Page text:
Bodies #1

Bodies #1

Writer: Si Spencer Artist: Dean Ormston Publisher: Vertigo Release Date: July 30, 2014 Cover Price: $3.99 Critic Reviews: 14 User Reviews: 10
8.5Critic Rating
7.0User Rating

VERTIGO brings you the miniseries of the summer, with four detectives, four time periods, and four dead bodies - all set in London. Edmond Hillinghead is an 1890s overachiever who's trying to solve a murder no one cares about while hiding his own secret. Karl Whiteman is our dashing 1940s adventurer with a shocking past. Shahara Hasan is 2014's kickass female Detective Sergeant, who walks the line between religion and power. And Maplewood, an amnesiac from post-apocalyptic 2050, brings a haunting perspective to it all. Si Spencer (HELLBLAZER: CITY OF DEMONS, THE VINYL UNDERGROUND) executes a centuries-spanning murder mystery like nothing you've ever seen before, with four sensational artists illustrating a six-page chapter in each issue: Dean Ormston, Phil Winslade, Meghan Hetrick and Tula Lotay.

  • 10
    Newsarama - Justin Partridge, III Jul 30, 2014

    Bodies #1 is exactly the kind of book that one would want and expect from Vertigo. Nothing is ever what it seems to be at first within the pages of a Vertigo book and Bodies #1 is a perfect crystallization of that mentality. We have an seemingly impossible murder than spans decades along with a group of detectives, a few of which may be hiding things from everyone, including themselves, as well as hints toward a wide spread conspiracy and a looming event that may or may not be the end of the world as we know it. Bodies #1 aims to be a great many things, but above all, it is a wildly engrossing debut issue to what very well could be one of this year's top works from Vertigo. Read Full Review

  • 9.5
    AiPT! - David Brooke Jul 30, 2014

    This is an enjoyable detective yarn because it captures the essence of each timeline very well. It's like reading 4 different detective stories, but they're all uncovering the same mystery. Very cool and very unique. Read Full Review

  • 9.5
    Rhymes With Geek - Nikki Sherman Jul 31, 2014

    Spencer and co. have something spectacular going on here. With eight issues in the mini-series, and six pages per story each issue, we'll essentially have two issues for four amazing stories telling one master narrative. Like something of an extended anthology, I can hardly wait to see where Spencer and his merry band of artists have in store for the audience. Though the story has barely unfolded, I'm intrigued enough to continue along, and hope you will too. Read Full Review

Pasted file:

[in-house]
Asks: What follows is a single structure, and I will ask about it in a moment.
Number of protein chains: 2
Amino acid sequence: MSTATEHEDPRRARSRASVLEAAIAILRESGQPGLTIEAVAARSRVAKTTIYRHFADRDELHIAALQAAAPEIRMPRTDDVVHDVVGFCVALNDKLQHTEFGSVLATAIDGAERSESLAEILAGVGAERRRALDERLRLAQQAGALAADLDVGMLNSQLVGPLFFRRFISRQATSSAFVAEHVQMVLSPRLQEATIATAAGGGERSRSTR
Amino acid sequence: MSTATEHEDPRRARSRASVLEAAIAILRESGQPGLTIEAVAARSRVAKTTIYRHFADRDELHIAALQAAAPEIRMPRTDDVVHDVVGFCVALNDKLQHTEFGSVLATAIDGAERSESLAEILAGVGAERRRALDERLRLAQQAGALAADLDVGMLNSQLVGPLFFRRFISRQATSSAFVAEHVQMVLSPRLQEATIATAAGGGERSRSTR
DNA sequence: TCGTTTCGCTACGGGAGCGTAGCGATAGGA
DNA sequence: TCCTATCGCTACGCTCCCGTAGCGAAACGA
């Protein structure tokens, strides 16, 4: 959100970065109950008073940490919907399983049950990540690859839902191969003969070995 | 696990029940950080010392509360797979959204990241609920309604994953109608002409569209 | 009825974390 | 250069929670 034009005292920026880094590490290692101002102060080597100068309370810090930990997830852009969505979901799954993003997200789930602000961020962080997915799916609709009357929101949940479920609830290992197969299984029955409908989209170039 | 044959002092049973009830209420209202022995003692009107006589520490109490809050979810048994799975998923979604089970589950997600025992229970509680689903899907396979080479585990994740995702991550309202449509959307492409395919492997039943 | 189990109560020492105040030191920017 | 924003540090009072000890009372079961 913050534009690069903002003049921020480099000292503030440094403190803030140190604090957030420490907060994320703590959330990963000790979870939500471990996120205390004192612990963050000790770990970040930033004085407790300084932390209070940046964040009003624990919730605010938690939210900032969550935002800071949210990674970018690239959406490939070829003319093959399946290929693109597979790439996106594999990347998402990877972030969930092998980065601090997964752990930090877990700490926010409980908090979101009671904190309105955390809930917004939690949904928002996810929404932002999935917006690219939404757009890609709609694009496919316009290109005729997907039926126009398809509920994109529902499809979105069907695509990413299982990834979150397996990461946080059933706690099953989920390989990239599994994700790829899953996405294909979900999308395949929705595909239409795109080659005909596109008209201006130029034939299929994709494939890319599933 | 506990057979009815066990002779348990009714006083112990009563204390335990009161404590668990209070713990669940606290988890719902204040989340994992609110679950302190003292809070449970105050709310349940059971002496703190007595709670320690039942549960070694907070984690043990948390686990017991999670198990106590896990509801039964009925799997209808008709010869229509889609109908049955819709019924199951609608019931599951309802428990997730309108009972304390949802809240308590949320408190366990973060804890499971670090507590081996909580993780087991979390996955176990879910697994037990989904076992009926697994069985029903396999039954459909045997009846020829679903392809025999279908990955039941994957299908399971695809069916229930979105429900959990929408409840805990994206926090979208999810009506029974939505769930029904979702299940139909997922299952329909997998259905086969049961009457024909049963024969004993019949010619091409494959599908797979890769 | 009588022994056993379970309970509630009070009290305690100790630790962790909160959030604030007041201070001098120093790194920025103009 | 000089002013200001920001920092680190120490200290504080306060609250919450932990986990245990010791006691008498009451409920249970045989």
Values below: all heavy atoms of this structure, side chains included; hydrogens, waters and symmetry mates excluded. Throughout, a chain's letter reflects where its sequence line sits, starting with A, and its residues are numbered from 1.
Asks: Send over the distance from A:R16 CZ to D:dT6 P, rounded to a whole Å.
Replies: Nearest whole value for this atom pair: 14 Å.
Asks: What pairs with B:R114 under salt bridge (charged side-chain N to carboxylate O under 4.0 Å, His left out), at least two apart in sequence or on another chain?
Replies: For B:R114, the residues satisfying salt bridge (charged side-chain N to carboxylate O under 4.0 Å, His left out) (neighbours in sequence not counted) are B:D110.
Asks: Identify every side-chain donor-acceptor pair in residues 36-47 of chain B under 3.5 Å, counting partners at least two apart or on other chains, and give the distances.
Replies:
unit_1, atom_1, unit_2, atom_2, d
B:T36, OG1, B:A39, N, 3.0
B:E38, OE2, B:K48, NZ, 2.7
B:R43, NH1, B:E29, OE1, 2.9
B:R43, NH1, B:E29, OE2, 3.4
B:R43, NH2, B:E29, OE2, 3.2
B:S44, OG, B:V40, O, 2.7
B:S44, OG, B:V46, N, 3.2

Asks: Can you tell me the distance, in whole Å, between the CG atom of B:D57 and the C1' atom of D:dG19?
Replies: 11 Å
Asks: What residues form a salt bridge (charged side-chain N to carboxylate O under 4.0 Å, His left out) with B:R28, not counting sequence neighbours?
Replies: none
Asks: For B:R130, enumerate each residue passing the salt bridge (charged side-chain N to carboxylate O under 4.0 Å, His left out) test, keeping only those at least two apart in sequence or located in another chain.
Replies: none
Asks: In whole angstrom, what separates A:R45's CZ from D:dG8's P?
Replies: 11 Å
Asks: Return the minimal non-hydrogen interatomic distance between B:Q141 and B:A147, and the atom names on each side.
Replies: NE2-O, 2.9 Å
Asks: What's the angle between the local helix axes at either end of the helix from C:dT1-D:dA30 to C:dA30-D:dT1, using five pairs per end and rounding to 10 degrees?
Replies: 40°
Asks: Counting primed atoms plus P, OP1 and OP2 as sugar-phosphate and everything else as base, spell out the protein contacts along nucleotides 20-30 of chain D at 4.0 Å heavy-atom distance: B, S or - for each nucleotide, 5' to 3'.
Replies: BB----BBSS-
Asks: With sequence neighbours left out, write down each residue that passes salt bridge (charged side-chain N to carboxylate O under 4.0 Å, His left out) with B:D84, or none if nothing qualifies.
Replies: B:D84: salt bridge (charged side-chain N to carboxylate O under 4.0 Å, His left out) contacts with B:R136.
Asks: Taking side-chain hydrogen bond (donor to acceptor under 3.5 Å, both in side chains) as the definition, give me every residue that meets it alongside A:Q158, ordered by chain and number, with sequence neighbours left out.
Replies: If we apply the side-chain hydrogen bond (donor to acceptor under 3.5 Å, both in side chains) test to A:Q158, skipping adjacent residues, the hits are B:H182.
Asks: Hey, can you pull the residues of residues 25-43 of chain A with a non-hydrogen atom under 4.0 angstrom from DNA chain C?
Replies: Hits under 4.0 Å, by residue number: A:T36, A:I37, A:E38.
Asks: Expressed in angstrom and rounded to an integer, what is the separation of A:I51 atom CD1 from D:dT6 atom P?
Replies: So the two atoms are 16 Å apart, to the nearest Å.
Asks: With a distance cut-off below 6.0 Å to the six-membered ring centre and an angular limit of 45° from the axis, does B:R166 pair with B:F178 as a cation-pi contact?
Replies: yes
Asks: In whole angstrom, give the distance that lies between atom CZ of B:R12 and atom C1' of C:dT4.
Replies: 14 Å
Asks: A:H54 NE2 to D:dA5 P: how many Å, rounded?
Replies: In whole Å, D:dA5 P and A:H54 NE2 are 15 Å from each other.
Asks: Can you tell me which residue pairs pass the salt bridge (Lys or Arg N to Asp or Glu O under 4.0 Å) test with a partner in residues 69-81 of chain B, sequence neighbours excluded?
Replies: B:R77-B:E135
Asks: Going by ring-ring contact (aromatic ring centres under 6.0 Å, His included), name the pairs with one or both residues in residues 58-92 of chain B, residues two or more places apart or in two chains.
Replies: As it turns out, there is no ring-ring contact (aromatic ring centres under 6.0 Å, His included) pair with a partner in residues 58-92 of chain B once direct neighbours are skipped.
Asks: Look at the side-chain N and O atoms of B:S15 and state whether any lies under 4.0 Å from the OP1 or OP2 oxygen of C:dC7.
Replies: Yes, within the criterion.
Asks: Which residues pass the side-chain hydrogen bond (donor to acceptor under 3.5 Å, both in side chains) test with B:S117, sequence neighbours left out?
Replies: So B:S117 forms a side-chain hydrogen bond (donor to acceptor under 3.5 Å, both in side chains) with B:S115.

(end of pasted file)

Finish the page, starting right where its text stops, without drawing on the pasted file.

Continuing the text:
• 9.4
    Coming Up Comics - David Melton Jul 30, 2014

    A brilliant debut for this mini-series that I'm already impatiently waiting for more of. Read Full Review

  • 9.0
    Weekly Comic Book Review - Minhquan Nguyen Aug 3, 2014

    Even if it's not always clear what's going on, the amount of care and thought going into this unusual narrative is obvious. Read Full Review

  • 8.9
    Geeked Out Nation - Jess Camacho Jul 30, 2014

    Bodies #1 is a very strong debut. There's a great mystery here and characters that readers can get behind. Even better, time is being taken to set the stage. There are hints dropped throughout the first issue but Spencer creates a script that makes you desire issue two almost immediately after reading this issue. Bodies is a book with a ton of promise and I will certainly return for issue two and beyond. Read Full Review

  • 8.7
    Multiversity Comics - Vince Ostrowski Aug 1, 2014

    "Bodies" can be a number of things for the reader: a strong mystery story, a collection of individual stories (each one nearly as interesting as the next), or a deeply interconnected web of intrigue that exists for the reader to unlock. Whatever the case, "Bodies" certainly deserves to have eyes put on it. Read Full Review

  • 8.5
    IGN - Tres Dean Jul 31, 2014

    Of all the debuts out this Wednesday, Bodies is one of the ones you'll be kicking yourself for not picking up if you miss it. Read Full Review

  • 8.0
    Major Spoilers - Chris Wilson Aug 1, 2014

    I hate to compare or make statements like this, but I think Bodies could possibly be the next Wake. Once I finished I had the same feeling I did after the first issue of Wake. I cant wait to read more and Ive no idea where this will go. Vertigo is well known for trying new things and Bodies #1 is no exception. The concept, storytelling and brilliant use of multiple artists make this one book to keep your eye on. Read Full Review

  • 8.0
    Eye On Comics - Don MacPherson Aug 2, 2014